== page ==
main page

Processing.js - Computer Dreams
The program constantly checks its anticipated with its actual processing framerate. If they divert, noise is introduced into the system and pixels change color. Simultaneously the system looks for noisy pixels above a certain threshold and amplifies it's surrounding neighbor-pixels. In a feedback system, checker-patterns emerge on the scene. The more occupied your computer's processor is, the faster the noise will appear.

Ganzfeld Hallucinations

The Ganzfeld Effect is a highly interesting introspective phenomenon I've written about before in Amplify the Neural Noise. If our vision lacks differentiated input, our brain turns it off assuming no actual input happens. While searching for any visual signals, our brain focuses in on any neural noise and amplifies it in search of patterns. Dream-like hallucinations can occur.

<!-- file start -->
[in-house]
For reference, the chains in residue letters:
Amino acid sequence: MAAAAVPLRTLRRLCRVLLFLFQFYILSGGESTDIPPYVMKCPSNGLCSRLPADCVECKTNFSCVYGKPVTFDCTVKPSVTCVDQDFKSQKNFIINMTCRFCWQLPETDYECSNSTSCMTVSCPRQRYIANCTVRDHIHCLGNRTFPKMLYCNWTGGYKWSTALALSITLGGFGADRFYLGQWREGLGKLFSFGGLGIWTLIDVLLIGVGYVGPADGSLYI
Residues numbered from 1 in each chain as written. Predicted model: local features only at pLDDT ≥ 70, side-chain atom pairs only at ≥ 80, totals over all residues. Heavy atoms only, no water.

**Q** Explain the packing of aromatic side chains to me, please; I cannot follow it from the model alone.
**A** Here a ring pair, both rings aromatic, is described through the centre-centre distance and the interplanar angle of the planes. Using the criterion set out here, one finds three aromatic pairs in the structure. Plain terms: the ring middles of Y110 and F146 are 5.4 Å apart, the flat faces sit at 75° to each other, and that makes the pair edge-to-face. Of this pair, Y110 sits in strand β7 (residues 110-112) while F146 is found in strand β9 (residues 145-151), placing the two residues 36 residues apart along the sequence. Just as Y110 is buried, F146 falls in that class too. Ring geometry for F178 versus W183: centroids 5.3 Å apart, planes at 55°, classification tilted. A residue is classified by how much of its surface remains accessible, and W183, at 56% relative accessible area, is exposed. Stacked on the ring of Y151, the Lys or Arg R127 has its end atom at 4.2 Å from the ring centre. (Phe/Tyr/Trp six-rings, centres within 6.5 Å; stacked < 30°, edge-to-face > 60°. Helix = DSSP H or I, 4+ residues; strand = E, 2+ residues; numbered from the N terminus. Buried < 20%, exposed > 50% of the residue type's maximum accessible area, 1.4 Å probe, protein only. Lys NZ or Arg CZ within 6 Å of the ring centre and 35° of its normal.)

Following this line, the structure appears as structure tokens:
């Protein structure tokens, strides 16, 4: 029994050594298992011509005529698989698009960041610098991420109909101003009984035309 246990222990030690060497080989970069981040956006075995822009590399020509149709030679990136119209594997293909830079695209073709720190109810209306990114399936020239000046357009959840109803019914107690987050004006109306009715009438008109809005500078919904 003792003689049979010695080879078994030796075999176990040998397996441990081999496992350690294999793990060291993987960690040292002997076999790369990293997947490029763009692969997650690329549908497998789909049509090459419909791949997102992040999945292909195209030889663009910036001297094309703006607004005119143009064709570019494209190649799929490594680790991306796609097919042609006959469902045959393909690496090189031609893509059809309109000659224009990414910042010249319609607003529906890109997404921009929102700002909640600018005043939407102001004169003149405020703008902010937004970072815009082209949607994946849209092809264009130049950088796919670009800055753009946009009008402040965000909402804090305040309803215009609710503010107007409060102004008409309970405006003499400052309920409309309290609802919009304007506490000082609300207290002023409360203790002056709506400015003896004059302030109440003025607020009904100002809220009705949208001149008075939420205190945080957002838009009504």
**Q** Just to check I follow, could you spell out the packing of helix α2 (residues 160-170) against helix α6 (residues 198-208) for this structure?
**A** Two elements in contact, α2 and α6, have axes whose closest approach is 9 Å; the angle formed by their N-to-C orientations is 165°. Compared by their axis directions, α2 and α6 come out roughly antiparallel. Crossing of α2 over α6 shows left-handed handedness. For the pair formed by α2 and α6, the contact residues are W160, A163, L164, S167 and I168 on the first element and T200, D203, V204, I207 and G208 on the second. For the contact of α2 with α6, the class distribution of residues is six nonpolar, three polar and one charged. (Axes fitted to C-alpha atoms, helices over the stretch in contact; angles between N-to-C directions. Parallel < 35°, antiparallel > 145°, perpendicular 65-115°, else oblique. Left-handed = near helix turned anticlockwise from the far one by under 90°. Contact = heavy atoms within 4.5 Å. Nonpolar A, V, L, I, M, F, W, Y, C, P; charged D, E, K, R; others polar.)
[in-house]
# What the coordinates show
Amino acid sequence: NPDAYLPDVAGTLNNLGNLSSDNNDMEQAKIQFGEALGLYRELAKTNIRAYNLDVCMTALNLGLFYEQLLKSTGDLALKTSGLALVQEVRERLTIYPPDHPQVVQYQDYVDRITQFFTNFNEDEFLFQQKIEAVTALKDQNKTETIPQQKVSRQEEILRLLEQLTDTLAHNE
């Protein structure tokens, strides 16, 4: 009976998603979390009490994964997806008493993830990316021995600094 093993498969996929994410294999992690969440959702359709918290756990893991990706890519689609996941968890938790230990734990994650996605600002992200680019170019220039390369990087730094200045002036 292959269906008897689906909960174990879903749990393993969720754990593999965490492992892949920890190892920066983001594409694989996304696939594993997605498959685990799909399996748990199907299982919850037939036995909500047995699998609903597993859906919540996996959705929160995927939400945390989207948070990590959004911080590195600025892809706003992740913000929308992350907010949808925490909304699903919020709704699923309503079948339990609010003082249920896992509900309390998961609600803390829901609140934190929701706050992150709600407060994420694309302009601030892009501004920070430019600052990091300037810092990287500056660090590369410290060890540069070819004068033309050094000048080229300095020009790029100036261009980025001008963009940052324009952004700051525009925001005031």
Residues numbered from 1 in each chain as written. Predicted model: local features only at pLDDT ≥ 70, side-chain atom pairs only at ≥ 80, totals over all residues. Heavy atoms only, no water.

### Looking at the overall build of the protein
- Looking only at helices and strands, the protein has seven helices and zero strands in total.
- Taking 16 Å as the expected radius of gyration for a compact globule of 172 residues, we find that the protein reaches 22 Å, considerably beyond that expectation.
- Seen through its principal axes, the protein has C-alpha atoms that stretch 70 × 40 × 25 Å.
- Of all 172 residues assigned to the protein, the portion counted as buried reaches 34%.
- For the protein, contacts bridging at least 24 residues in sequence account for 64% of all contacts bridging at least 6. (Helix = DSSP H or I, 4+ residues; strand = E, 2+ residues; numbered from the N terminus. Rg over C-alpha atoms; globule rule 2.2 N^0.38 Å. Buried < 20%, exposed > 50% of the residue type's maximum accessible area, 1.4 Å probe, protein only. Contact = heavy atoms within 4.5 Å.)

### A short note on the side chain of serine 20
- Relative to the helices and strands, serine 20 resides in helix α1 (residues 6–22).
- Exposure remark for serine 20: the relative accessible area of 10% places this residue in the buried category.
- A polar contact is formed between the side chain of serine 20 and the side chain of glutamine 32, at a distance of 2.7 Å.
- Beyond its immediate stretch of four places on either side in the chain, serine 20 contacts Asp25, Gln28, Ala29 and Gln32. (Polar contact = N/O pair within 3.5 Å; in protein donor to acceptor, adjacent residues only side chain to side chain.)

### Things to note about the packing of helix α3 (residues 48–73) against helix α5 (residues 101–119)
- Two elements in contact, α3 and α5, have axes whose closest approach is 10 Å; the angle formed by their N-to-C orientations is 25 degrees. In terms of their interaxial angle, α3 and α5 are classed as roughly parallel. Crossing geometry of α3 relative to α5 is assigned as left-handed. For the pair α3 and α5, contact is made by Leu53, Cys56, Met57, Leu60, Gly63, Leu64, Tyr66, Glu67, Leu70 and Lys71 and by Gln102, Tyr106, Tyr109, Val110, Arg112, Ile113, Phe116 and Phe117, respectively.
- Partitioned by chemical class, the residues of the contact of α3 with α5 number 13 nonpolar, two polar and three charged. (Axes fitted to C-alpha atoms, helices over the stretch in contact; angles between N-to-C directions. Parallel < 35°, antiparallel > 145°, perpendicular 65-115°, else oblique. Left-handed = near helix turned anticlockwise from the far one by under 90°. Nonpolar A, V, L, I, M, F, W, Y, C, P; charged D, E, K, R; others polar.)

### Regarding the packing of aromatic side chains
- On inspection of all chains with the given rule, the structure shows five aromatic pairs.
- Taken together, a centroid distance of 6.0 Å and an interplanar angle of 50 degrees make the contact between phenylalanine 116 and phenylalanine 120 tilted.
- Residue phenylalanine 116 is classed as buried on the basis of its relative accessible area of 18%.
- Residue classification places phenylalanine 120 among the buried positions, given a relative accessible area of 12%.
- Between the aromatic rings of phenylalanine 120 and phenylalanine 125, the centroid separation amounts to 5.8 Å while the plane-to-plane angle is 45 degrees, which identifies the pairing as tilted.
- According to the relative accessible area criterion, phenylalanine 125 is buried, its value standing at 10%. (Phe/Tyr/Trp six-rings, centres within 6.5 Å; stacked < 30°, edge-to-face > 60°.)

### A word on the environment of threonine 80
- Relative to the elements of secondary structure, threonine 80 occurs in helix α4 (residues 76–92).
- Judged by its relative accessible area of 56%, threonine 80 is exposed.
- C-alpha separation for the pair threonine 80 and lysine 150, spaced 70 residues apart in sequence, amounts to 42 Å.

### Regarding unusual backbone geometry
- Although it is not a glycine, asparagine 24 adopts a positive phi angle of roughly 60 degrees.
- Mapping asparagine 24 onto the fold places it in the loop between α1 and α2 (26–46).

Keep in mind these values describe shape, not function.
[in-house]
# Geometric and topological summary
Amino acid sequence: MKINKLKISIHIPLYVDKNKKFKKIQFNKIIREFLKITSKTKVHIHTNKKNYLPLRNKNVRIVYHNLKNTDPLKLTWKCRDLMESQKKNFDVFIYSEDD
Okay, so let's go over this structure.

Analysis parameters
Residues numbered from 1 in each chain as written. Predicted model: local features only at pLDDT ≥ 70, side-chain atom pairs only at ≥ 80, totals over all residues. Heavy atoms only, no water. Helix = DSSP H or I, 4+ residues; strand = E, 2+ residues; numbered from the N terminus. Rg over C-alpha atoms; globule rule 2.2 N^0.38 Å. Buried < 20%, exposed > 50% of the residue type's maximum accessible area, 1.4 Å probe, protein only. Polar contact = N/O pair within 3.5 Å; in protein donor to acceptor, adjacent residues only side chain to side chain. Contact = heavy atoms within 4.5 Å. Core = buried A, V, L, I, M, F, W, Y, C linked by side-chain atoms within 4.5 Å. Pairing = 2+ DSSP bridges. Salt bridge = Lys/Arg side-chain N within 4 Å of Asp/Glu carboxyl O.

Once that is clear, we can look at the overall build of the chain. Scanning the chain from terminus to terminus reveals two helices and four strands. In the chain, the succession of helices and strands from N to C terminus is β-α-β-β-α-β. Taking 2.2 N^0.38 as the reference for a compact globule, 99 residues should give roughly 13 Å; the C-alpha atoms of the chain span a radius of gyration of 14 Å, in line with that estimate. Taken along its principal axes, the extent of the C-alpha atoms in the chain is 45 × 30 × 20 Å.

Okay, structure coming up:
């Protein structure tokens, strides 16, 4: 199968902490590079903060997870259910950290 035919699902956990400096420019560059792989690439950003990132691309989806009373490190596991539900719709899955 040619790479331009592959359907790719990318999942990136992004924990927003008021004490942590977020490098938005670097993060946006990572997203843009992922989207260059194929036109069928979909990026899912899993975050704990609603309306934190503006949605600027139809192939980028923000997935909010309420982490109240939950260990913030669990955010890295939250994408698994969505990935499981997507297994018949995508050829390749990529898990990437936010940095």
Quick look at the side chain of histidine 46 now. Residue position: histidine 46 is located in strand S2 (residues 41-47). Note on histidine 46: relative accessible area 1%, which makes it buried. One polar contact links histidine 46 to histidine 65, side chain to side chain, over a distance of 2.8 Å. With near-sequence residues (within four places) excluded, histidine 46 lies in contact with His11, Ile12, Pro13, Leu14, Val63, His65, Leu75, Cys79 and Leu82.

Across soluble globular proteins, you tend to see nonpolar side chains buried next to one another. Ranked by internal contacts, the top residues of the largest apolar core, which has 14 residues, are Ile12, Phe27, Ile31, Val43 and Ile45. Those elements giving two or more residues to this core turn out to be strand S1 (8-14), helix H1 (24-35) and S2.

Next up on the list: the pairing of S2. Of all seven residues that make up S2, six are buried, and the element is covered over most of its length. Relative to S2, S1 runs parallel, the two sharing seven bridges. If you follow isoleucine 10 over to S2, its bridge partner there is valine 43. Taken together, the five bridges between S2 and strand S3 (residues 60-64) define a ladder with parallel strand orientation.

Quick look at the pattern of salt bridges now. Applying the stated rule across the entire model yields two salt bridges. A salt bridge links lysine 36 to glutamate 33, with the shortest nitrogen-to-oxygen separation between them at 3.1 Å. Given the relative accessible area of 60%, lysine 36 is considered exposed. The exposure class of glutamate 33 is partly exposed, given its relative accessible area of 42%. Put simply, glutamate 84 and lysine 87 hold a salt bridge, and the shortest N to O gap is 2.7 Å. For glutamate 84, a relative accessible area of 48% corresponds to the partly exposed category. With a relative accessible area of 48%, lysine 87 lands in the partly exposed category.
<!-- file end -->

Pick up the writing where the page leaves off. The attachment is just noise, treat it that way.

Processing.js - Computer Dreams

The processing.js application on the left creates a processors visual Ganzfeld effect. It starts out with an monotonous red color field and slowly amplifies any processor noise by coloring pixels and producing patterns.

Leave it run for a while, get busy with some other browser tabs, and then check back to see how much noise and patterns have accumulated!

Ping Pong Hallucinations
A cut-in-half ping pong ball and a color lamp - that's all you need to do your own Ganzfeld tests. You find simple instructions on Instructables - Ganzfeld: Hack Your Brain the Legal Way. The experience is similar to the patterns you see when having your closed at night, yet more colorful.

Antony Gormley - Blind Light
I imagine Gormleys beautiful and mystifying glass-walled chamber - a void filled with dense water vapor and diffused light - produces similar visual effects (if you avoid running into fellow mist travellers).

James Turrell
And of course Turrell is the Ganzfeld artist. His series of walk-in installations construct the perfect vacuum of visual stimuli and invite visitors to explore their own perception and mind.